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that is men, women and children being executed as they try to leave the city, shot in the back, shot in the head, so that rae plains a very grave and dire concern at this point, leland. >> leland: all right, john, thank you. molly? >> molly: one of president trump's senior aides is proposing a surprising idea, one that could get applause from the president's fiercest critics. but it also goes against a major principle of modern conservatism and could have a major impact on business, big and small. managing blood sugar is not a marathon. it's a series of smart choices. and when you replace one meal or snack a day with glucerna made with carbsteady to help minimize blood sugar spikes you can really feel it. glucerna. everyday progress.
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hey you've gotta see this. cno.n. alright, see you down there. mmm, fine. okay, what do we got? okay, watch this. do the thing we talked about. what do we say? it's going to be great. watch. remember what we were just saying? go irish! see that? yes! i'm gonna just go back to doing what i was doing. find your awesome with the xfinity x1 voice remote. >> leland: one of president trump's aides is pushing for a tax increase on the wealthy.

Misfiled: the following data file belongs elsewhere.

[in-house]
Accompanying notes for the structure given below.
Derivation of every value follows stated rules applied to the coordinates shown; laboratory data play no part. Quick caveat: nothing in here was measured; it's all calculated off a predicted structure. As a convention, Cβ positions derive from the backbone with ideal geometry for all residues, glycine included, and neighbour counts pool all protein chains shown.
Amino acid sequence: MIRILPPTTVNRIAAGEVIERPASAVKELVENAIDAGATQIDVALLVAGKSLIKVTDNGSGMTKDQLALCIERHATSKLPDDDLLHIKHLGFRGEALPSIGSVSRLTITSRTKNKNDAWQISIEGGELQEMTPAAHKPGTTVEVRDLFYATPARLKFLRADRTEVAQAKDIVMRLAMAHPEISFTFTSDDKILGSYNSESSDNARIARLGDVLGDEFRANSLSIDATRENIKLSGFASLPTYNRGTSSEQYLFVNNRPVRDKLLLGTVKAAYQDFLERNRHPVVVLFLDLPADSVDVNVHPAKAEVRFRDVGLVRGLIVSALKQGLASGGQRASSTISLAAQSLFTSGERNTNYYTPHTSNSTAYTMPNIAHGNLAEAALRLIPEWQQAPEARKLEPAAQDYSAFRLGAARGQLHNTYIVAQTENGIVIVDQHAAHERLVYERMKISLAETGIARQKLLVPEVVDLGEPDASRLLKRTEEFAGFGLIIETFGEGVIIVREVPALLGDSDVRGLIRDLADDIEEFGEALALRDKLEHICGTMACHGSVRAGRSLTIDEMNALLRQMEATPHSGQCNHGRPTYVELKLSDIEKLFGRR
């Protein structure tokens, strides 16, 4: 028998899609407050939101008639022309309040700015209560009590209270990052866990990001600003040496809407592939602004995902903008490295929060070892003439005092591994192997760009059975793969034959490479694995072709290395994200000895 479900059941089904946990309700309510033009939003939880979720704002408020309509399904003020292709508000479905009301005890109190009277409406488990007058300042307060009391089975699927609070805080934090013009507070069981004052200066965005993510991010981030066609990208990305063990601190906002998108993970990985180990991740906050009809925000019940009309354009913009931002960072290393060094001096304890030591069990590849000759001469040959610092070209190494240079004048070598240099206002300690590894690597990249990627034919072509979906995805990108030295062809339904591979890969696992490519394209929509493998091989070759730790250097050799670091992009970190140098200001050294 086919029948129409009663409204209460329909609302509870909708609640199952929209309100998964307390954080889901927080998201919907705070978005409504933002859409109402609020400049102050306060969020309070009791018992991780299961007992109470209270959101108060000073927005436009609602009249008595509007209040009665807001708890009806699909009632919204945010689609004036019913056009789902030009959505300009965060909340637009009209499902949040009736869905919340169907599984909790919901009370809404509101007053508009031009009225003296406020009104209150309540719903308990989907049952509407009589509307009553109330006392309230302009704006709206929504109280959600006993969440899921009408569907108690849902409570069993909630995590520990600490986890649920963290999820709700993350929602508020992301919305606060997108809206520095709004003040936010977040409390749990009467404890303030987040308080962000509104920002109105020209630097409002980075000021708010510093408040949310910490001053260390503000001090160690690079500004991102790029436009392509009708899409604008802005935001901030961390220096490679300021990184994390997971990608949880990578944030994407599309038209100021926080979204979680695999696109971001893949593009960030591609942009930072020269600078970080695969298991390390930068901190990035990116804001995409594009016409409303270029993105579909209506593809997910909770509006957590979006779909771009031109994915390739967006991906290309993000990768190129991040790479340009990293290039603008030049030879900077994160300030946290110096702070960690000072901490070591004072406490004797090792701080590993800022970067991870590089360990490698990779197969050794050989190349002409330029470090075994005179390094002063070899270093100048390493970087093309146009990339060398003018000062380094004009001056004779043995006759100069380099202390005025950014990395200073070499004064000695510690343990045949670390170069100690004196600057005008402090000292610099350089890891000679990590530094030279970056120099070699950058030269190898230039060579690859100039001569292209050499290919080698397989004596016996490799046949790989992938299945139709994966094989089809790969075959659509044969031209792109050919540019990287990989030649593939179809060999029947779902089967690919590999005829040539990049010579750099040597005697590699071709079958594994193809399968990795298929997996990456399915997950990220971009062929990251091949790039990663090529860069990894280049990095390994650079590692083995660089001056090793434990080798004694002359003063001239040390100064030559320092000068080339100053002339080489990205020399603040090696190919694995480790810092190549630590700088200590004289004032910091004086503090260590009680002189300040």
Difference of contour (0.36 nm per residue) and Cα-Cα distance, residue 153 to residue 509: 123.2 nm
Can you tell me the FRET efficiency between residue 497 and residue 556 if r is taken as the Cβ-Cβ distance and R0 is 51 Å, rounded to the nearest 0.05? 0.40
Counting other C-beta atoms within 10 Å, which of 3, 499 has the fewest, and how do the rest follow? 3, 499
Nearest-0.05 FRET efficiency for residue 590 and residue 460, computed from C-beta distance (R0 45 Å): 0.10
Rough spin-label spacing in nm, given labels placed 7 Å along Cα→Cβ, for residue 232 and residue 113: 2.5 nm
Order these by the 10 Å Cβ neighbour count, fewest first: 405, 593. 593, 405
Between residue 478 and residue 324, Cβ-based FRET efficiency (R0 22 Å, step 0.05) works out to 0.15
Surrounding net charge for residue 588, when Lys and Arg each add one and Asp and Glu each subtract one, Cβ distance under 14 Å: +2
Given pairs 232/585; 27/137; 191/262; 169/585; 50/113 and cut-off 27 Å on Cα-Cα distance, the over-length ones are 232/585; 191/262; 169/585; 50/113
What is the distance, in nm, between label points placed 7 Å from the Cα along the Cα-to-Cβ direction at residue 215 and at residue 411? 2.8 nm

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chief strategist steve bannon said he wants the top tap bracket to have a number 4 in front of it. right now the tax bracket for those earning the most is 39.6%. throez of you earn more than $418,000 a year. cpa advocate for small business and contributor to "the washington post." great to have you. >> how are you? good to see you. >> leland: incredible, seeing that the president has so often talked about tax cuts, tax cuts, tax cuts, now over july 4th weekend you've got steve bannon talking about, oh, for the wealthiest we're gonna raise it up in the 40% range. >> i actually haven't heard the name steve bannon in awhile. seems like he's been like playing somewhere in the shadows. then all of a sudden he's the big news this weekend because he's proposing tax increase. if you're a republican, you're a trump supporter, a business oerpb like me or so many of my